Ambivalence and authentic agency

Ratio 23 (4):374-392 (2010)
It is common to believe that some of our concerns are deeper concerns of ours than are others and that some of our attitudes are central rather than peripheral to our psychological identity. What is the best approach to characterizing depth or centrality to the self? This paper addresses the matter of the depth and authenticity of attitudes and the relation of this matter to the autonomy of action. It defends a conception of the real self in terms of preferences and convictions that cohere in a particular structural sense. It thereby gives content to the notion of wholeheartedness to which various action theorists make appeal. The approach is defended in part by an examination of how it handles the phenomenon of ambivalence.1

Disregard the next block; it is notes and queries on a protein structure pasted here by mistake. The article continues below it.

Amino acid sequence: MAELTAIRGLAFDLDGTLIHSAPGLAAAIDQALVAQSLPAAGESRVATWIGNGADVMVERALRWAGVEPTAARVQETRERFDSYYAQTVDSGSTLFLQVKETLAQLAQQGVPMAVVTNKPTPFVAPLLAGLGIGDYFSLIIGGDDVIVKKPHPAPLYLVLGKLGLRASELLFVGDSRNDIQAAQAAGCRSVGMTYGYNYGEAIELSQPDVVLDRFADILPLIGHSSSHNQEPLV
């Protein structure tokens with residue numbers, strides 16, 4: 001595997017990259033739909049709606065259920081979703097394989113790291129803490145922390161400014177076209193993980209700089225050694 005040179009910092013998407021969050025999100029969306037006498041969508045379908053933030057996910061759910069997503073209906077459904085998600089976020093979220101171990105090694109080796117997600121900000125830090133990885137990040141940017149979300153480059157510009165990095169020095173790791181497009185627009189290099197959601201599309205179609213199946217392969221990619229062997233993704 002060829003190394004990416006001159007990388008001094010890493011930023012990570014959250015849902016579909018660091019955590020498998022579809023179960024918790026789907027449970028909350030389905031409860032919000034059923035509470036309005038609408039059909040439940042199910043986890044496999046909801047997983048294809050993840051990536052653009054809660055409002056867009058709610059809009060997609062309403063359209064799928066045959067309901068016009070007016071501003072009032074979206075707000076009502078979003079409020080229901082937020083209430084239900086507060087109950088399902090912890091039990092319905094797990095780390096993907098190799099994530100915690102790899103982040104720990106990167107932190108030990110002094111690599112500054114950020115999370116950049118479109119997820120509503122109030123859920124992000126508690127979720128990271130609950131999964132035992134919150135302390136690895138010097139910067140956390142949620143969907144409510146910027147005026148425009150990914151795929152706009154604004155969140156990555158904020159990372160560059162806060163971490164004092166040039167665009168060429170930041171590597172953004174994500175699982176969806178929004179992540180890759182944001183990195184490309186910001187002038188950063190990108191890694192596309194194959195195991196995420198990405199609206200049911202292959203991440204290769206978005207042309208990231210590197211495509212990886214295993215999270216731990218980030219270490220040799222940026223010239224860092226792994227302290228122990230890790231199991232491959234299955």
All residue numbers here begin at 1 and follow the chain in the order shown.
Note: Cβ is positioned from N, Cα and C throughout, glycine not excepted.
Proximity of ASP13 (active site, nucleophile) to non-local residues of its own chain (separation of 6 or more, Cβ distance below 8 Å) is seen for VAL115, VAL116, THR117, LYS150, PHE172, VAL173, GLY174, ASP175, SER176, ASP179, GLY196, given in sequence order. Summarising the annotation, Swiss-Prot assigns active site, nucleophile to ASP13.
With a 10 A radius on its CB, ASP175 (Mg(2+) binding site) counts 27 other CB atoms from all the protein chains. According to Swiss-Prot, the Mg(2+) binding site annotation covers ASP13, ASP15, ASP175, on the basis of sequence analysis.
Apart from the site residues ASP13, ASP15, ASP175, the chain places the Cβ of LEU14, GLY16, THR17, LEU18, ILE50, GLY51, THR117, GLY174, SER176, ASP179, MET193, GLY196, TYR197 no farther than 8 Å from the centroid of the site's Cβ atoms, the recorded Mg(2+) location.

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DOI 10.1111/j.1467-9329.2010.00474.x
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The Heteronomy of Choice Architecture.Chris Mills - 2015 - Review of Philosophy and Psychology 6 (3):495-509.
In Defense of Ambivalence and Alienation.Logi Gunnarsson - 2014 - Ethical Theory and Moral Practice 17 (1):13-26.

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